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Blow to children's nutrition

The pandemic has deprived parents of employment and their children the access to education and school meals
Representational image.
Representational image.
File photo

Abhinav Narayan, Thakur Ankit Singh   |   Published 04.11.21, 01:49 AM

The pandemic has inflicted multifaceted damages: unemployment, hunger, education — the list is long. The education, health and safety of children remain a subject of deliberation and concern. For children, especially those from the marginalized segments, primary education is not just about receiving education but also about feeding themselves at least once in a day. Education and mid-day meal in government-run primary schools, thus, run hand in hand.

Mid-day meals were introduced in India not just to bring more children between 6 to 14 years of age within the ambit of education but to also take care of their nutritional needs to augment physical and mental growth. Unfortunately, the pandemic has deprived parents of employment and their children the access to education and school meals.

Some state governments have taken novel approaches to fight hunger and provide nutrition to school children. But the same cannot be said of other states. Maharashtra, for example, closed tenders to buy pulses from contractors of mid-day meal scheme in the period from April to June. Uttar Pradesh, Goa, Tamil Nadu and Telangana did not take necessary steps until very recently to address the drastic situation either because of local elections or the second wave of the pandemic. A writ petition filed by the Mahila Ekta Manch sought directions to the Delhi government to provide cooked mid-day meals or food security allowances to eligible children during the Covid-19 lockdown. The Centre claims to have given a sum of Rs 27,17,76,000 to the state government to help children enrolled under the mid-day meal scheme. However, the Delhi government had refused to acknowledge that it had received any such grant. The Delhi High Court asked the state government to present an affidavit. After the submission of the affidavit, the case was adjourned: it is still pending in spite of the need for urgent disposal. On June 30, 2020, the court had reprimanded the government, stating “that it was not right to make children wait for midday meals for months and that they should not be made to suffer for want of funds”.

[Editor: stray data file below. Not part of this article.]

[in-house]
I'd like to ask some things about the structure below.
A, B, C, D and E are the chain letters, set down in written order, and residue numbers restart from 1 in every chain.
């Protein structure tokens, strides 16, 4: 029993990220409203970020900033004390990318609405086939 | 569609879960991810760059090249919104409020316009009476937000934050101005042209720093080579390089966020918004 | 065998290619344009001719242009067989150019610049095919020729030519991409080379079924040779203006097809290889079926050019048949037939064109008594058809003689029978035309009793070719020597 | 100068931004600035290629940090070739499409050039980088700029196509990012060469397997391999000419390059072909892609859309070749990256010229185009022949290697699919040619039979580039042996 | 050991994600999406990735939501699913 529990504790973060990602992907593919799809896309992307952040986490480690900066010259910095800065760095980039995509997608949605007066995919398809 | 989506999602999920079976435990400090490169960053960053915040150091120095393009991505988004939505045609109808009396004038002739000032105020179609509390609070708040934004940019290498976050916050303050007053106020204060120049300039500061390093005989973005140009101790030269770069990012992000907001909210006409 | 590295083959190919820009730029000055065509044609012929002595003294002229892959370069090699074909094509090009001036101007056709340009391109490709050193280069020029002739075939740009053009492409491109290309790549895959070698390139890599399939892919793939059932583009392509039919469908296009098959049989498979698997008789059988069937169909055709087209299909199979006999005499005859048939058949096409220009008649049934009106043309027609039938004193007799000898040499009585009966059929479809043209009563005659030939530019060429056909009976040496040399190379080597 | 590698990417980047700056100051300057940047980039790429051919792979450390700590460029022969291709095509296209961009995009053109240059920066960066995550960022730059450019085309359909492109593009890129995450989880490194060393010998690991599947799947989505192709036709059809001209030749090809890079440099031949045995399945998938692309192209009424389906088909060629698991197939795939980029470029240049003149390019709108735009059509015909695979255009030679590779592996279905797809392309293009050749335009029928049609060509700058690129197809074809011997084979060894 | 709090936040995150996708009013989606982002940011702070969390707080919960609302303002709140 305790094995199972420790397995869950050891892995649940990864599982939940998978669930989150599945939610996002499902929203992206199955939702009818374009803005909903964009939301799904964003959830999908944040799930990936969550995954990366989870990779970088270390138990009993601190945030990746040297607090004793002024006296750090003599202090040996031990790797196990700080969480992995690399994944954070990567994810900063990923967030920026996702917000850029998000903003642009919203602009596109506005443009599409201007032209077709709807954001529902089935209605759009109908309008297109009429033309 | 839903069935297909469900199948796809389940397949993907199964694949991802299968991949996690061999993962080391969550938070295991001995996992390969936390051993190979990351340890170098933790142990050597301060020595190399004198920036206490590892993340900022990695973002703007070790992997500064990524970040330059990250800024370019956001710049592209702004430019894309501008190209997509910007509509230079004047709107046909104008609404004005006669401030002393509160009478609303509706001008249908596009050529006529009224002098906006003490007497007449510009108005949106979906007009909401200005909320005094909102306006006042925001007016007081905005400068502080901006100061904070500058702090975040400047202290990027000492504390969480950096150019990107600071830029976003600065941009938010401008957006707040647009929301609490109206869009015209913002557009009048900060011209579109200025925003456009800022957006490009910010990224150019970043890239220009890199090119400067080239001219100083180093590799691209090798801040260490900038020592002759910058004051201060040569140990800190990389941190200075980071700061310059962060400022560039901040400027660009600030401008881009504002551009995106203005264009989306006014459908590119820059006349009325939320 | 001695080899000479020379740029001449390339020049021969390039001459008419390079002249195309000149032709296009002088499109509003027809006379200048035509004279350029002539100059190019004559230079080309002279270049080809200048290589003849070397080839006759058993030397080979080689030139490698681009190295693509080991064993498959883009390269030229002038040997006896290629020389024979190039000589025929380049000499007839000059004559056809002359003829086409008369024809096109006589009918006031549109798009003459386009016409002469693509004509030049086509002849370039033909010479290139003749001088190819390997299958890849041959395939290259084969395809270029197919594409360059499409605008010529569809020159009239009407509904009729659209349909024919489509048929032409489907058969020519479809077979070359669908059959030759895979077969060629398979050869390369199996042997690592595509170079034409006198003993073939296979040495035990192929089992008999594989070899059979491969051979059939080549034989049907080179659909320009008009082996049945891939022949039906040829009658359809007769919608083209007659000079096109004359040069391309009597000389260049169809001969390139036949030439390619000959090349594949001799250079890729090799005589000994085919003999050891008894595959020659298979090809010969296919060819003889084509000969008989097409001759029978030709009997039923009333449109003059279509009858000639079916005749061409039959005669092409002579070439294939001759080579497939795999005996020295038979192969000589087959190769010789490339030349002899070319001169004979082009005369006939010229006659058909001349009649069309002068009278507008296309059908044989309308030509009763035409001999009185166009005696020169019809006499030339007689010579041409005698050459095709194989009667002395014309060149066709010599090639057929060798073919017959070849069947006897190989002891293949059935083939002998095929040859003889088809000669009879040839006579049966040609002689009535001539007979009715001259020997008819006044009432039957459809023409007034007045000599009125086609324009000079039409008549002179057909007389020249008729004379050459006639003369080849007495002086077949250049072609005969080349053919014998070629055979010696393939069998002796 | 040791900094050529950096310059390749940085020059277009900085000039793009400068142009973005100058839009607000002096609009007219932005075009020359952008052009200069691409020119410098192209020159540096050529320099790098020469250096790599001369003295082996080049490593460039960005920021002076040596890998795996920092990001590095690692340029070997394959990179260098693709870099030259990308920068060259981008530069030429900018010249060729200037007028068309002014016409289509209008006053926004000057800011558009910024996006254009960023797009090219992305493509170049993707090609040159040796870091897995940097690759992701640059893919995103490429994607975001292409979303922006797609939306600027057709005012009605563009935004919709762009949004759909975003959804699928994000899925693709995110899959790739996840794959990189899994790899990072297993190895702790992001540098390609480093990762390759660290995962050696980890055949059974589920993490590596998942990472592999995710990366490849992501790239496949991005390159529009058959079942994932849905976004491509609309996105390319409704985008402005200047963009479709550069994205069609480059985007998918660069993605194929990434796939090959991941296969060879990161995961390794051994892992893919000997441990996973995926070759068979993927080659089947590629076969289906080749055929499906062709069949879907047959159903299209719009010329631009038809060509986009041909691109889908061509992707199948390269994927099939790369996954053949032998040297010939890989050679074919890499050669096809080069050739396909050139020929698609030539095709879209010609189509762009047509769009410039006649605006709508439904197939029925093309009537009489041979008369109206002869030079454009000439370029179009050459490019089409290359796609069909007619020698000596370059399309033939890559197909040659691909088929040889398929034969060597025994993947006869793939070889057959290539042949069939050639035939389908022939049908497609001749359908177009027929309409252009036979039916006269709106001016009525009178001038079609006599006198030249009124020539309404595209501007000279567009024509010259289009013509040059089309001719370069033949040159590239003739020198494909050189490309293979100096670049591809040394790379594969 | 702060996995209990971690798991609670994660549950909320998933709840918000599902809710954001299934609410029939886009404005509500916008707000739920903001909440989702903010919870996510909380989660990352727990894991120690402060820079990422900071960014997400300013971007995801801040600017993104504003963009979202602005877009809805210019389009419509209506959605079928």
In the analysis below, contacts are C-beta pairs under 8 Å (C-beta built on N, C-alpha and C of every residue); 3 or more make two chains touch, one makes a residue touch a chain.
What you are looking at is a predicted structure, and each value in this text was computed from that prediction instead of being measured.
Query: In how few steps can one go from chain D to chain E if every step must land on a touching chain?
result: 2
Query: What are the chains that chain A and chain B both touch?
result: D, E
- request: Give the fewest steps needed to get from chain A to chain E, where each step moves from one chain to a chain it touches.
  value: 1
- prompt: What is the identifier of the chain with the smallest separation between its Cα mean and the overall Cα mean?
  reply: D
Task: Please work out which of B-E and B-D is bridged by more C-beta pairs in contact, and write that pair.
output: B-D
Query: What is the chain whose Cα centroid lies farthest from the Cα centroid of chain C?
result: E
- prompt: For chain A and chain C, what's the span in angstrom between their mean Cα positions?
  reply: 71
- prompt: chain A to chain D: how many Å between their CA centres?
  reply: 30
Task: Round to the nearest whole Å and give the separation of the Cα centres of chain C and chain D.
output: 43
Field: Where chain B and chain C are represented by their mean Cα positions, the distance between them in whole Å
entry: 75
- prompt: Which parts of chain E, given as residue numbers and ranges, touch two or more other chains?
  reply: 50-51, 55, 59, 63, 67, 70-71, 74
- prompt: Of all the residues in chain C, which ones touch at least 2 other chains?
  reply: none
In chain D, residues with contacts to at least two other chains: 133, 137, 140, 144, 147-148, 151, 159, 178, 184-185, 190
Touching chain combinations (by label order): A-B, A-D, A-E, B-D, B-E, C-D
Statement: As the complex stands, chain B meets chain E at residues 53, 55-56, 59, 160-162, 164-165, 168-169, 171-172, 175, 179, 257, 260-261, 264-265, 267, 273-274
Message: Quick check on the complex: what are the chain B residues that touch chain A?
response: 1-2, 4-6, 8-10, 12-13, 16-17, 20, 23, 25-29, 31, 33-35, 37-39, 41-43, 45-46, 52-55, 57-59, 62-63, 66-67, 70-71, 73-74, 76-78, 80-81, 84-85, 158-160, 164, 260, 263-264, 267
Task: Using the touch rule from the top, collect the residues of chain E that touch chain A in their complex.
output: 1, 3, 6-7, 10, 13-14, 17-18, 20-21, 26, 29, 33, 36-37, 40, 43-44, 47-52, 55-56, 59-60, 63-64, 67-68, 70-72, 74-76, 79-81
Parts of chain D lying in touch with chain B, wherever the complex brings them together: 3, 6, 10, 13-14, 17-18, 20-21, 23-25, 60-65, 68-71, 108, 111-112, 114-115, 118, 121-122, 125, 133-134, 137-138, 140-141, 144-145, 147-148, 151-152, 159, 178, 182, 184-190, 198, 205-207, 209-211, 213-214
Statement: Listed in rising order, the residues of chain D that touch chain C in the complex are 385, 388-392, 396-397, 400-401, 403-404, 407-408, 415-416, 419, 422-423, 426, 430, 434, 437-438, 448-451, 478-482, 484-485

The judiciary in some states have taken a progressive stance in the light of the gravity of the situation and passed suitable orders to the respective states to address the issue. For instance, the Madras High Court, on August 4, 2020, ordered the Tamil Nadu government to supply eggs, sanitary napkins and dry rations to students who are part of the mid-day meal scheme.

As per government data, in 2018-2019, the mid-day meal scheme was serving about 9.17 crore children. Children in about 62 per cent households discontinued their education amid the coronavirus outbreak, according to a rapid needs assessment that surveyed 7,235 families across 15 states. It found that two out of five households reported that they did not receive any kind of support either from the school or from the education department for their children’s education. It also revealed that four out of ten children were reportedly “playing at home with learning” and that one out of four children was “working at home” due to the closure of schools. Acute shortage of cash and the lack of livelihood opportunities were among the most crucial challenges identified by the assessment.

India needs nutrition for affirmative growth of mind and body. The country has a high percentage of malnutrition. It has tried to counter it through the National Nutrition Mission or the Poshan Abhiyaan. But the reality on the ground differs from the strategies on paper. India needs to counter the disparity in the distribution of mid-day meals between rural and urban areas while focusing on bringing children within safety protocols. The impact of the pandemic on health and hunger is evident. The mid-day meal programme provides nutritious food as well as employment to workers integral to the initiative. The government and the judiciary must step in and secure the rights to nutrition, dignity and livelihood.



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